Wednesday, 23 June 2010

Free Scottish services to go south?

I didn't want to blog on the budget, I'm already sick of hearing about it. But it seems that the coalition that "we in Scotland" (to coin a phrase) did not vote for are going to level the playing field between north and south come what may. After all the thought that scrounging Scots should spend England's money on making life in Scotland better for the poorest must be a genuine threat to their precious Onion (oops, I did that on porpoise!). Oh and services going south is metaphorical not literal.

As a result of the coalition budget Scotland is facing a potential £5 billion-plus cut in spending over the next four years, seemingly throwing into jeopardy a range of benefits, including free personal care of the elderly, concessionary travel and free university tuition.

The warning from a leading economist came as the Scottish government also issued a grim forecast that George Osborne’s measures could pitch the country into “a spiral of decline”, threatening economic recovery north of the Border.

The deepening crisis for Holyrood’s spending plans comes as a result of Mr Osborne’s decision to slash unprotected government department allocations across the UK by 25 per cent by 2015.

Economic experts said that it meant spending in Scotland was almost certain to fall by an estimated 16 per cent over the same period — 4 per cent more than predicted by Dr Andrew Goudie, the Scottish government’s chief economic adviser, in an analysis in April, and bringing the annual block grant from the Treasury down from £30 billion a year to around £25 billion.

The reduction would have been even more dramatic without Osborne’s concesssion that health and education spending in England will be protected. The Barnett Formula, which decides the level of Holyrood’s block grant from Westminster, means that Scotland gets a proportion of all new spending in these sectors south of the Border.

However, Professor David Bell, Professor of Economics at the University of Stirling and adviser to Holyrood’s Finance Committee, said that, despite that cushion, the impact on public services in Scotland would be “dramatic”.

He added: “This is going to be difficult to effect with efficiency savings alone. I just cannot see that happening.

“You either have to cut back on services or you start to charge for previously free public services. “My view is that consideration of whether free personal care, concessionary travel and other free services can continue to be delivered cannot now be avoided,”

Professor Bell pointed out that the Scottish government’s Independent Budget Review Group (IBRG), due to report at the end of July, will have to consider the full implications of yesterday’s package.

Not guaranteed to happen I suppose, but puts things under serious strain.


  1. I've yet to read about this Tris as I switched off later yesterday. Like you I was budgeted out. It does seem really serious but I'm happy that it's in John Swinney's hands.

  2. S/R It may be Andy Kerr who guides this through. After all Scotland's budget is fixed till 2011 and anyway the SNP gave a comittment not to alter the concessionary travel scheme. And unlike the Lib Dems on VAT the SNP likes to keep its promises.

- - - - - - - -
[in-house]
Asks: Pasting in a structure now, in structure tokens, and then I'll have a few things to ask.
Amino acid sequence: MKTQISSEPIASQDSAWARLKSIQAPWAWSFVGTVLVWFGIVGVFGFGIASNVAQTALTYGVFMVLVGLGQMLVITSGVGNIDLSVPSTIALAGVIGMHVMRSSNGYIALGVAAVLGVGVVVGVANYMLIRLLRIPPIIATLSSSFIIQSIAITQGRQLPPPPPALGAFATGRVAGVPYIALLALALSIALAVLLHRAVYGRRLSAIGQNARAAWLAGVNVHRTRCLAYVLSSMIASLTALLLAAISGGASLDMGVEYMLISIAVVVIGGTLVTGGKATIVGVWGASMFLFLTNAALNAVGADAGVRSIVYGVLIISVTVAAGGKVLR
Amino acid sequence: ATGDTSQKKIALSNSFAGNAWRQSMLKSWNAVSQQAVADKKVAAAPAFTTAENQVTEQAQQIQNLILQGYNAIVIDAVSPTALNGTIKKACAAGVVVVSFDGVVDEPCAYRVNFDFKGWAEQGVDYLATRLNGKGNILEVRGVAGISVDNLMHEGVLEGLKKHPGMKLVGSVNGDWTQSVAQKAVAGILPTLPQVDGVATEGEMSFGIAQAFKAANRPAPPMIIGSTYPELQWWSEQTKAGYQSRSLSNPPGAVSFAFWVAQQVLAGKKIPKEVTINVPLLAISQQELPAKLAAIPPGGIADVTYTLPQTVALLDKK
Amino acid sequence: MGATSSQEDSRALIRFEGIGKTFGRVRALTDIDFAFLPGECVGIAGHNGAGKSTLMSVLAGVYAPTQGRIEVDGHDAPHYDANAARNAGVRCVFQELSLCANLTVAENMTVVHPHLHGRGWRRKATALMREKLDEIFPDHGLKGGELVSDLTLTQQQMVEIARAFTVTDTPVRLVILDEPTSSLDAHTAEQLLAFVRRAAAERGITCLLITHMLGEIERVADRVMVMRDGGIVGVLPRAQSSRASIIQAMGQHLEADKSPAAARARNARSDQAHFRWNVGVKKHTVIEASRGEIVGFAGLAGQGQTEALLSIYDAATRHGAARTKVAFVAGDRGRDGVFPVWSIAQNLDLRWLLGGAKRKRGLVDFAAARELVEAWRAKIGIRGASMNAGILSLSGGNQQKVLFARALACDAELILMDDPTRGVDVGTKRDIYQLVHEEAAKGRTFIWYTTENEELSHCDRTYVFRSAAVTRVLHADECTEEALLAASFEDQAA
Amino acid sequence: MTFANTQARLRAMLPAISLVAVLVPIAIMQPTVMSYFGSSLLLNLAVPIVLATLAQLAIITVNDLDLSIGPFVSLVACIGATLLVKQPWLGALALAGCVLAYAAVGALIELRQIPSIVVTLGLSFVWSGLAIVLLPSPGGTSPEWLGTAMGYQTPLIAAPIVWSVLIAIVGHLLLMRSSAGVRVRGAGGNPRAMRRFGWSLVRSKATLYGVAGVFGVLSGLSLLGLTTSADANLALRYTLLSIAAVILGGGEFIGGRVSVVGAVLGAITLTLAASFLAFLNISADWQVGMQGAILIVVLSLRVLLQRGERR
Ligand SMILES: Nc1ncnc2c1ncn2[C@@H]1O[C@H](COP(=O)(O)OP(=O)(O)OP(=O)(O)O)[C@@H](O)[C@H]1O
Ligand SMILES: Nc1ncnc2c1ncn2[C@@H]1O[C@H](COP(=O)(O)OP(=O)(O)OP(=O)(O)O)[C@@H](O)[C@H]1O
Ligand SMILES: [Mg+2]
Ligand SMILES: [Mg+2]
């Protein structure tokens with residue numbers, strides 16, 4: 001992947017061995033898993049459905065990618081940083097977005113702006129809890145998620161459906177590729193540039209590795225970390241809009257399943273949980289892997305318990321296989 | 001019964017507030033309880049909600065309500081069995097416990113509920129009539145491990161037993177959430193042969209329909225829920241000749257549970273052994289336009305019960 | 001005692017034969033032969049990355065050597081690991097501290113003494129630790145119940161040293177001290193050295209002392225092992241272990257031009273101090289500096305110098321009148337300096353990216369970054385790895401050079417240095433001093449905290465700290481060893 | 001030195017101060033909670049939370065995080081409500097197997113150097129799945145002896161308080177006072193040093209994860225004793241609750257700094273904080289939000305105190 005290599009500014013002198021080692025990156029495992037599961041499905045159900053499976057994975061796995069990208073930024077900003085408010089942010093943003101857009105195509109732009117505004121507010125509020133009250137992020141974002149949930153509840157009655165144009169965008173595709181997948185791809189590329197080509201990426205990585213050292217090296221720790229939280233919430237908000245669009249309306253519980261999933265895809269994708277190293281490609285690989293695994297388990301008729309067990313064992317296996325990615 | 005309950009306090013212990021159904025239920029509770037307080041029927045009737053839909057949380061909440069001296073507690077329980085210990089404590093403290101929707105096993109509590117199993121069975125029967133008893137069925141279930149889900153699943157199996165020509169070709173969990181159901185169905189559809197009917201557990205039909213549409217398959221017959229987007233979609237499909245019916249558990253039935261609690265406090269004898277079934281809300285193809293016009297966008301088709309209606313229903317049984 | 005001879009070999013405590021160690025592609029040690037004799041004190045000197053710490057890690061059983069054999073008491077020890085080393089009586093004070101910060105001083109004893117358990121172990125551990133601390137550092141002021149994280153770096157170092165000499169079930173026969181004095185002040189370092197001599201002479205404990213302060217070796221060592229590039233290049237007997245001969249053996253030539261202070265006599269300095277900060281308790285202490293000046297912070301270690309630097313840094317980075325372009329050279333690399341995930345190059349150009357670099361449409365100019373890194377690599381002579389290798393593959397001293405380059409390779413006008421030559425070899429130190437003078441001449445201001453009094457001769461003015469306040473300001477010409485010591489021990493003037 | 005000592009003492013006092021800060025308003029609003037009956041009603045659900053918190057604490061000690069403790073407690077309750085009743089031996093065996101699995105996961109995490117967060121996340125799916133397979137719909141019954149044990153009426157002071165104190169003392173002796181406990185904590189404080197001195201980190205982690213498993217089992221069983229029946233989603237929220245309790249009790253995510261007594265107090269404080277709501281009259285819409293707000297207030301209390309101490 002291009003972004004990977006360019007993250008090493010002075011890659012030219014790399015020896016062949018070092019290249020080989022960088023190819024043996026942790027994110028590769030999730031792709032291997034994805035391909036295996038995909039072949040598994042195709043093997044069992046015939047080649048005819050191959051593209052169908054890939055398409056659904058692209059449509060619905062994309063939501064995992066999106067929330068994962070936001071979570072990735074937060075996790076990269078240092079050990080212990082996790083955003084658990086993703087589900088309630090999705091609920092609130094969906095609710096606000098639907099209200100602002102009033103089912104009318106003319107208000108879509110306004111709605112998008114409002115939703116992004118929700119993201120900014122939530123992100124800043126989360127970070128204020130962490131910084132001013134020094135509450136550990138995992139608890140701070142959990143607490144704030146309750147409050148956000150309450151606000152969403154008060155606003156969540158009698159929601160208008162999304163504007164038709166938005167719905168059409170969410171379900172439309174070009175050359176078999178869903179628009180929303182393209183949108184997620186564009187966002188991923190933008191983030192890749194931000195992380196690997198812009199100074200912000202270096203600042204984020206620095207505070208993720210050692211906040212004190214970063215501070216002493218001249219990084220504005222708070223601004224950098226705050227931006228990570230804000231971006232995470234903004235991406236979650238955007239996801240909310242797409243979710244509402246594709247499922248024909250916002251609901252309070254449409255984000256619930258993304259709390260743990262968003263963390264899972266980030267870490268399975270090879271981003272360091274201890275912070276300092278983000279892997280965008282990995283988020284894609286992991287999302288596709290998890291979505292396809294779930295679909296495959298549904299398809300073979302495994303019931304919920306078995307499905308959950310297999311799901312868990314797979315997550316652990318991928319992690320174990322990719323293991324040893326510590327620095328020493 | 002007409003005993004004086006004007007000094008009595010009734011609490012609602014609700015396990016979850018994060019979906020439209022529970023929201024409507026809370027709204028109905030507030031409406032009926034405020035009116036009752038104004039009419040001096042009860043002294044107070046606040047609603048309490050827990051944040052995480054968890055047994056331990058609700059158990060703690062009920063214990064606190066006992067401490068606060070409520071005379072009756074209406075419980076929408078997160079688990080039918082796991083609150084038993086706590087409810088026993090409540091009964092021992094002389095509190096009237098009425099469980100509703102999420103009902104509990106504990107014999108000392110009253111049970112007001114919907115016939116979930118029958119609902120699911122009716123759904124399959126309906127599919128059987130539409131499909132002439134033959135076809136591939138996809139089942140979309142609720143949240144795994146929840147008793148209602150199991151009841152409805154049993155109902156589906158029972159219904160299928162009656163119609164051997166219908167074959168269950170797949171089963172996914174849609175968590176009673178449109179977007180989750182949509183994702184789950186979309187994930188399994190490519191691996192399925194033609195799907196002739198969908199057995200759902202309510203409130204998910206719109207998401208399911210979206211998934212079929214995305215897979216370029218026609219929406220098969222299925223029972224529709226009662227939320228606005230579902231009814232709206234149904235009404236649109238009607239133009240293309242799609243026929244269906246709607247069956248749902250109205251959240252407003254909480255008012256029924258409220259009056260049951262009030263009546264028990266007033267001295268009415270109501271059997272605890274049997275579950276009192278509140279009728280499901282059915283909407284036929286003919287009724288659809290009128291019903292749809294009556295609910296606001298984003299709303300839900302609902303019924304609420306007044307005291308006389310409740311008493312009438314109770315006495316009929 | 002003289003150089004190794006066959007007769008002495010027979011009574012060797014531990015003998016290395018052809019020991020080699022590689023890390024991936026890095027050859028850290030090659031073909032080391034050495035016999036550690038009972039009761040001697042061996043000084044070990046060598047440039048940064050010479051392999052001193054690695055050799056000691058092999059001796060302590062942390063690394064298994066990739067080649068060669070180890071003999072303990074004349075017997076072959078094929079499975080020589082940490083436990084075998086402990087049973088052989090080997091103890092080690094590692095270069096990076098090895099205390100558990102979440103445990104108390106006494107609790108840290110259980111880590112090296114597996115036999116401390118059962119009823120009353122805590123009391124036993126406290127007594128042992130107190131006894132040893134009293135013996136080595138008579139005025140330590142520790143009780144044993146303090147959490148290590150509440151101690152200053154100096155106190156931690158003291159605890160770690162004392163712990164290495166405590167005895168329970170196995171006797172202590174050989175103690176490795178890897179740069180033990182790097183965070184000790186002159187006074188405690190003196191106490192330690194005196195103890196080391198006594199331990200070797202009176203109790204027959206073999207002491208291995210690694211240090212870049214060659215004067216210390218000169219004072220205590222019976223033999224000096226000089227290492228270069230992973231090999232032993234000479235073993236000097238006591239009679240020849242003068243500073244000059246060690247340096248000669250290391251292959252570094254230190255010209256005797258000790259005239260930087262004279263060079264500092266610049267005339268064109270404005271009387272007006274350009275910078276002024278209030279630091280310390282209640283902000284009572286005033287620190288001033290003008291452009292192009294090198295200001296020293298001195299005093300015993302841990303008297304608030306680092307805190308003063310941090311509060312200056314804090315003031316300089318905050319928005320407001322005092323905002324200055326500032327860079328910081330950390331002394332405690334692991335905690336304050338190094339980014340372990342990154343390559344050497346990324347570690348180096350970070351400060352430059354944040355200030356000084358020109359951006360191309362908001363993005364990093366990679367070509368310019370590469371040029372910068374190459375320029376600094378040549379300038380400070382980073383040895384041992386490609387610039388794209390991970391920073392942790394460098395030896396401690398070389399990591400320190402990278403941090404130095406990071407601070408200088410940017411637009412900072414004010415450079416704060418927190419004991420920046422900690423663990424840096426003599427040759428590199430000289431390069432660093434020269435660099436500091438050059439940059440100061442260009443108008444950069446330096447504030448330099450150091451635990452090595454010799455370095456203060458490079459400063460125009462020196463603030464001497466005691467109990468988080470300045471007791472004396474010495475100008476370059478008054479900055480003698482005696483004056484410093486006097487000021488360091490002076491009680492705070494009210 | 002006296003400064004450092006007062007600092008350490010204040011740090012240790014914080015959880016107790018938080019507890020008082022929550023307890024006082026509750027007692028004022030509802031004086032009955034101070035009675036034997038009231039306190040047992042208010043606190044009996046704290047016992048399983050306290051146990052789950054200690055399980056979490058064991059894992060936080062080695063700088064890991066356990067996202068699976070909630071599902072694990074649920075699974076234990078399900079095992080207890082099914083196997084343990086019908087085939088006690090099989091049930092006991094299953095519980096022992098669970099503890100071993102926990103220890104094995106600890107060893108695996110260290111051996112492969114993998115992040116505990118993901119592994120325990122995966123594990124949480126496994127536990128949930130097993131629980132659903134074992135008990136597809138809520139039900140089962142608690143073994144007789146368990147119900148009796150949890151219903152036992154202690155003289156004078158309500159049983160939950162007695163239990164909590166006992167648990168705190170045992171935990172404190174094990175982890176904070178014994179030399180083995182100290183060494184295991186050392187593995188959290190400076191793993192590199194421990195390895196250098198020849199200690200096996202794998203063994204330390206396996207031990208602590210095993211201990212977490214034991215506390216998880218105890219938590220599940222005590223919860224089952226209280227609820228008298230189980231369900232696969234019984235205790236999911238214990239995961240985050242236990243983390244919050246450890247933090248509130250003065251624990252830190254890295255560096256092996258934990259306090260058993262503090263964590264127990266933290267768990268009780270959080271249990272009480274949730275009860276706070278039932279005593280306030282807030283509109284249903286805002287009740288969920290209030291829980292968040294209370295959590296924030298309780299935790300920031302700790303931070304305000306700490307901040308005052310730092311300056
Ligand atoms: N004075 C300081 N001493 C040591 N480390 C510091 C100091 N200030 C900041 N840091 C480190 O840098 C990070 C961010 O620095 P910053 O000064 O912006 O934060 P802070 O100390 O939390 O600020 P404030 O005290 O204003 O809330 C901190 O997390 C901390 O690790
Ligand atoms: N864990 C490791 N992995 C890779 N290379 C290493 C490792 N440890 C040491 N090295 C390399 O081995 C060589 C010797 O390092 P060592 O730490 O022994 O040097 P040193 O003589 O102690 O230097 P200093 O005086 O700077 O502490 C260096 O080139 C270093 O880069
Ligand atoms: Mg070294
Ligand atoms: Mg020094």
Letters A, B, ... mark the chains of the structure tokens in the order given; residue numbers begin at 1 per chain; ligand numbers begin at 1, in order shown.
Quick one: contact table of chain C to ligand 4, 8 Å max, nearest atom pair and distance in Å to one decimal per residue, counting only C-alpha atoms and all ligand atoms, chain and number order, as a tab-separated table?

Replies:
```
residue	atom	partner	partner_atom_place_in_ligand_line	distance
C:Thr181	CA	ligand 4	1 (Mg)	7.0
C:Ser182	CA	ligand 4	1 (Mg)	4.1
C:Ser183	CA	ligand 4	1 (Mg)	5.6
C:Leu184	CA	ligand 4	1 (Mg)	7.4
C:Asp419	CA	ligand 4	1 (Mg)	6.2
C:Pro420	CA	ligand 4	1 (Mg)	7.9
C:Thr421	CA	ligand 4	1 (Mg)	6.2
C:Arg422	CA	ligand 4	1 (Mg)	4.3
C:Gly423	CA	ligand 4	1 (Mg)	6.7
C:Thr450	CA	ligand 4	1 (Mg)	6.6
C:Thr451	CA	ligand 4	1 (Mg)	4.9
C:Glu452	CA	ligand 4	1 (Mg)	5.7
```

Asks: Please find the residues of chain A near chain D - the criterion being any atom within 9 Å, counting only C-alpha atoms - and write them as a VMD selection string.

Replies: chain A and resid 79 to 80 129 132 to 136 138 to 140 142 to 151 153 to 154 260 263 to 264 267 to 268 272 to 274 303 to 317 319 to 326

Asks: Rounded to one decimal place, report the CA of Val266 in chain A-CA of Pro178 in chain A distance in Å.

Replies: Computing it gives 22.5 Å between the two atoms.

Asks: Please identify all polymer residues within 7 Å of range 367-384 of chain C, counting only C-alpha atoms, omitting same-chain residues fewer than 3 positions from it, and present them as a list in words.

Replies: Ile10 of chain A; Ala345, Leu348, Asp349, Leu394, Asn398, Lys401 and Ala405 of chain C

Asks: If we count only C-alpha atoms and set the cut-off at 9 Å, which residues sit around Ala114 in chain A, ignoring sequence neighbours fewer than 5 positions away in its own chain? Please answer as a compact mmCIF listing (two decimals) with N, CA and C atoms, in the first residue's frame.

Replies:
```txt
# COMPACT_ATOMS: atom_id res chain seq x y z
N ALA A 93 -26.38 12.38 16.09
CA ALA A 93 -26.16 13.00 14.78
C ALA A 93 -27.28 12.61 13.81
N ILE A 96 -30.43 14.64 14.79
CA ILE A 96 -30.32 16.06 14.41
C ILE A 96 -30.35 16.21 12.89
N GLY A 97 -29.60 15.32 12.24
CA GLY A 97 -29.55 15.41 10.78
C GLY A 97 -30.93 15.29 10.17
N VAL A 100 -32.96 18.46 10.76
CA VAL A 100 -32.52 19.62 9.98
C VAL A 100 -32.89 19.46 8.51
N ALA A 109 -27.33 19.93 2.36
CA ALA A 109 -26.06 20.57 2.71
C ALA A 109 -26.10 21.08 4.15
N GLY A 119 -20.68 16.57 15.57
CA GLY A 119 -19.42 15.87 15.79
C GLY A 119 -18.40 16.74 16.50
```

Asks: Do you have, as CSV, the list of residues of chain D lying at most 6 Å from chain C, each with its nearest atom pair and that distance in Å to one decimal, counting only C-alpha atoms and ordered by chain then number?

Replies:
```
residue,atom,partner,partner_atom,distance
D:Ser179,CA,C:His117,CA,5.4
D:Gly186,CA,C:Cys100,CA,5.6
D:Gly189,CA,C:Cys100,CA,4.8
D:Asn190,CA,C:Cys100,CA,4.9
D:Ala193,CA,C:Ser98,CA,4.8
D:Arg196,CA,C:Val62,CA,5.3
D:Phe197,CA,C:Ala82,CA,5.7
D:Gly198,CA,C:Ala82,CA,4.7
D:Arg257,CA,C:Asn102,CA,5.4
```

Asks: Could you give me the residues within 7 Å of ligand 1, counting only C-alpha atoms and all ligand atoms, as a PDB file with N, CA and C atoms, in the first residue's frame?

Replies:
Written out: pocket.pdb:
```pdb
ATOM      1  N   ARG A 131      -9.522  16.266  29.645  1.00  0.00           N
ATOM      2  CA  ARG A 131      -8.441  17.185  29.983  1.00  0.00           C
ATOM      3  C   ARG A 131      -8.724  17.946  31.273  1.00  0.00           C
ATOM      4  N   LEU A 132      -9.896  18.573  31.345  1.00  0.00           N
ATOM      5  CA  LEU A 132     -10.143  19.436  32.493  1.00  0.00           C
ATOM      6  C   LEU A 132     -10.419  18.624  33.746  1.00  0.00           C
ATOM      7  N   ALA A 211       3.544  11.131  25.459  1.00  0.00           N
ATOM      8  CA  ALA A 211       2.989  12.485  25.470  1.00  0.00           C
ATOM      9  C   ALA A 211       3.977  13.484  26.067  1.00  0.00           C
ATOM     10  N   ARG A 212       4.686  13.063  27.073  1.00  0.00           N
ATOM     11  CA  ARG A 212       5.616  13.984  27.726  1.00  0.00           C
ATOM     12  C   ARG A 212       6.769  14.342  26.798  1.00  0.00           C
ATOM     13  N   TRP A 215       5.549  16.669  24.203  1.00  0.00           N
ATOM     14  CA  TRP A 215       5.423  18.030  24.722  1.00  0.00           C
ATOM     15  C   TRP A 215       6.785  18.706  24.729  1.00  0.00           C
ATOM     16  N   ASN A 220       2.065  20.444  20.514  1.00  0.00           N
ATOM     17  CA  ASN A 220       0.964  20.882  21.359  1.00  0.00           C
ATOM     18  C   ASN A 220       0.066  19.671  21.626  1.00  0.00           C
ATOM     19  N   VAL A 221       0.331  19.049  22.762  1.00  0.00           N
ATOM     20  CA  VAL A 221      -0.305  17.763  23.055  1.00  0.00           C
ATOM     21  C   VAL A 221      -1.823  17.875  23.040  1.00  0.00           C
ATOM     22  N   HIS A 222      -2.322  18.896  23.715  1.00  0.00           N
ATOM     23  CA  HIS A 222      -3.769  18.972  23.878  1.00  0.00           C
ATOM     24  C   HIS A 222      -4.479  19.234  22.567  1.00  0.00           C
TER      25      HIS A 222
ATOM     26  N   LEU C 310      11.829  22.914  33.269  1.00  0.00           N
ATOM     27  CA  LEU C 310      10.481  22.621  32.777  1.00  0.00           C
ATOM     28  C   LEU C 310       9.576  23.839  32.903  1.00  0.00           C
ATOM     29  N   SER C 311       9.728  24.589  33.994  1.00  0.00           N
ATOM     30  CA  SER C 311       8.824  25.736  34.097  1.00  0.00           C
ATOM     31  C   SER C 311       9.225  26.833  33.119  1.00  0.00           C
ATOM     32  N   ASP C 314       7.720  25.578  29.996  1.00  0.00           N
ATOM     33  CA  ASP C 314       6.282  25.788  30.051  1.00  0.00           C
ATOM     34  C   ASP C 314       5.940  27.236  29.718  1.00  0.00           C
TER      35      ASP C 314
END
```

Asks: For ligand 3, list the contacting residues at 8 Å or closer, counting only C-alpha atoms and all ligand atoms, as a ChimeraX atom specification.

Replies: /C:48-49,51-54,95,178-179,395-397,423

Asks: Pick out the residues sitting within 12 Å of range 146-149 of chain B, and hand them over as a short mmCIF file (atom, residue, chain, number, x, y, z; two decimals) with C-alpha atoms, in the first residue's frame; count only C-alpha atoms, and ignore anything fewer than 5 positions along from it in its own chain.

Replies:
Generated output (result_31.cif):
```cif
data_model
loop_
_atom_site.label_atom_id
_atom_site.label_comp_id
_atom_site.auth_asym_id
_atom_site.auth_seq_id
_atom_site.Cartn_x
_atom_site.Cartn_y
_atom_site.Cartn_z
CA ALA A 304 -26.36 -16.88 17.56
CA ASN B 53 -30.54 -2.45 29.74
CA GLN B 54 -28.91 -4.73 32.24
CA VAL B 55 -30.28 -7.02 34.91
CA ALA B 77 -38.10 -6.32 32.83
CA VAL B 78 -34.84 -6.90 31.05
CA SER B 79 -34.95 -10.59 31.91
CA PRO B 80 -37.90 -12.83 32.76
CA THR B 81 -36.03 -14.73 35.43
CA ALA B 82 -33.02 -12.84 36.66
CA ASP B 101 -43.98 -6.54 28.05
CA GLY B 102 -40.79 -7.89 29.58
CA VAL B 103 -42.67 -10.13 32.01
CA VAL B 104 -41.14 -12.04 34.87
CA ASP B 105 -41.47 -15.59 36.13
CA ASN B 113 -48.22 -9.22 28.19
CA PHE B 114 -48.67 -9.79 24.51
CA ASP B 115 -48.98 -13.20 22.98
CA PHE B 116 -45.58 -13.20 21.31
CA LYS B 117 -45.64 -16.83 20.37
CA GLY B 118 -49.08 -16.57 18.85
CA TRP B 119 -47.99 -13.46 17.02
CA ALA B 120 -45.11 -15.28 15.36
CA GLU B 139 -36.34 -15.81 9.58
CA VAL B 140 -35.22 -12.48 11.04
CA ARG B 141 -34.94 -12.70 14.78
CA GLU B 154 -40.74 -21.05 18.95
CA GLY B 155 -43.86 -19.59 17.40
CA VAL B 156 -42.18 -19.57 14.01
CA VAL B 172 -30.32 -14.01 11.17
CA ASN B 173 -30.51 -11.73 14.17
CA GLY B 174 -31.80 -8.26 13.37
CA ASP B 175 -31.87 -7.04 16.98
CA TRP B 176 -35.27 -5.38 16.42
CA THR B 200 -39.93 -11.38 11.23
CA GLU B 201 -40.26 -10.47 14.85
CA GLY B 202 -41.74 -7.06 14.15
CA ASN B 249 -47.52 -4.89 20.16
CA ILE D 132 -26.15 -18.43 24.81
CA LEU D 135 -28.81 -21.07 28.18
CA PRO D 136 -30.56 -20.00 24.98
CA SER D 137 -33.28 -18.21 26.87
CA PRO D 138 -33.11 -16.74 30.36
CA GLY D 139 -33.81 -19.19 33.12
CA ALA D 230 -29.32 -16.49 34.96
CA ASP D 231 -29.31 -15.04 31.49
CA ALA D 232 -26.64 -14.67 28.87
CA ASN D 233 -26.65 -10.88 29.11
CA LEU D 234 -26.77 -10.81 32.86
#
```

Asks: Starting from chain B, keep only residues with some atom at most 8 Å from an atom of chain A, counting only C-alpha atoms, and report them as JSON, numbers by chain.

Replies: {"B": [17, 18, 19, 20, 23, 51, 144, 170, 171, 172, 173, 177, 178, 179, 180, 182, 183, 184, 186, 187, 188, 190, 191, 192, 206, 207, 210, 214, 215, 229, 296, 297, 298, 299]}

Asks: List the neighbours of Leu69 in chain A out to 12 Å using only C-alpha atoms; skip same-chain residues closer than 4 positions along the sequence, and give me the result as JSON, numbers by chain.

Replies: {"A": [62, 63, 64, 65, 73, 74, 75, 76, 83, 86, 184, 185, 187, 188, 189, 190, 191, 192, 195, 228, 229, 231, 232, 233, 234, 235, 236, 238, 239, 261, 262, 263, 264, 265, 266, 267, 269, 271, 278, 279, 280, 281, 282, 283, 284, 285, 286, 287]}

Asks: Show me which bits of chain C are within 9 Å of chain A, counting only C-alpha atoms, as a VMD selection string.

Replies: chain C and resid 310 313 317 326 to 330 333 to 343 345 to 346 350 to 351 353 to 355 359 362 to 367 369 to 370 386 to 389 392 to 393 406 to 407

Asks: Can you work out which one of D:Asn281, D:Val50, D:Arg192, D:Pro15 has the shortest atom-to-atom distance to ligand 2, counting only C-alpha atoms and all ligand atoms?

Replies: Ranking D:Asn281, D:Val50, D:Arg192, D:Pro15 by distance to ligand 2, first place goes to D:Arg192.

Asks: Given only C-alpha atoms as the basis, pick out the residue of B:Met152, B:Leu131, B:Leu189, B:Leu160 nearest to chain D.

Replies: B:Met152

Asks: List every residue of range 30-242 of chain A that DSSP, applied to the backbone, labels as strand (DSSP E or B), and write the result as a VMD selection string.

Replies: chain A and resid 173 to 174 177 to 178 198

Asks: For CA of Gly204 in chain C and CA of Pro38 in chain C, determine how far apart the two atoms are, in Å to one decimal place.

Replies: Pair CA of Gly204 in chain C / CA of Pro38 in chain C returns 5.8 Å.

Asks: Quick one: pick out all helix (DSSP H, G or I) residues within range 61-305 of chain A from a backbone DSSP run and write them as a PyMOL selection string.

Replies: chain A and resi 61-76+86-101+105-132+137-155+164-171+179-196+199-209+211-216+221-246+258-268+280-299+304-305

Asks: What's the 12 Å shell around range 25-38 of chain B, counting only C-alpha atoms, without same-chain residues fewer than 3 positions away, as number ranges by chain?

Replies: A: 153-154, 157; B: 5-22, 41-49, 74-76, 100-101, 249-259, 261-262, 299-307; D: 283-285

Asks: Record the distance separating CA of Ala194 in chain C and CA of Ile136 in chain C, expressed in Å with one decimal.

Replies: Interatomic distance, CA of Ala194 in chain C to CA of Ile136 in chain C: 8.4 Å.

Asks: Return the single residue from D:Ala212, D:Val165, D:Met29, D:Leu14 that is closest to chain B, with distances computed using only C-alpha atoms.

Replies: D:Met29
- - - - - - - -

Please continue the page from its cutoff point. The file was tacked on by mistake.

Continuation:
Whether we still have the SNP in harness after May 2011 is a debatable point in terms of whether it is even advisable for the SNP to have to enforce the Tory cuts or better off leaving Labour to do that.

  3. I listened to a little bit of the budget; and to be fair there were good and bad things in it. The doubling of the allowance to troops in Afghanistan does not go anywhere like far enough. The fact that the difference between the income of the most junior and the most senior in government departments will have to be no more than 20 x is, likewise, a start, but a pathetic one (and does the BBC count in that calculation: If so enjoy Mark!!!!)

    Anyway, to our own country.

    As in so many things, this is a budget largely based on the English economy and the English economic cycle. That's not a criticism of wee George. He can only produce one budget, not four, so logically he works on the country with 50 million inhabitants: not the one with 5, 3 or 2 million.

    But it certainly wasn't a budget for Scotland and the sooner Scotland makes its own budget for its own people the more likely the economy will grow.

    It would be unthinkable for the budget for Sweden, The Faeroes, Iceland, Denmark, Greenland and Norway to be set in Helsinki. The economies are different, although clearly associated. Why the budget for Scotland would have to be controlled by how much the English decide it is fair to spend on the NHS is beyond me.

    Munguin, it was Labour who got us into this mess, I think it would be fitting for Labour, at least in Scotland, to have to implement the cuts that the Toriberals are sending to to this colony.

    Ironic that it was the Liberal influence that brought about things like ‘care for the elderly’ and ‘no tuition fees’.... and the Liberals that are in government in London to get rid of them.... But I never heard a Labour MSP say “it wasnae us; it was the Liberals what done it” when they came up in discussion.

  4. Tris: don't count the Lib Dems out in Scotland yet. I would not be surprised if they had the bare faced cheek to go into coalition with Labour here in Scotland while in coalition with the Tories in England. This is politics after all: the art of the possible.

    That would be even sweeter if they had to undo what they did in the last coalition. And by that I mean sweeter politically not literally obviouslly it would not be sweet for those losing their bus passes.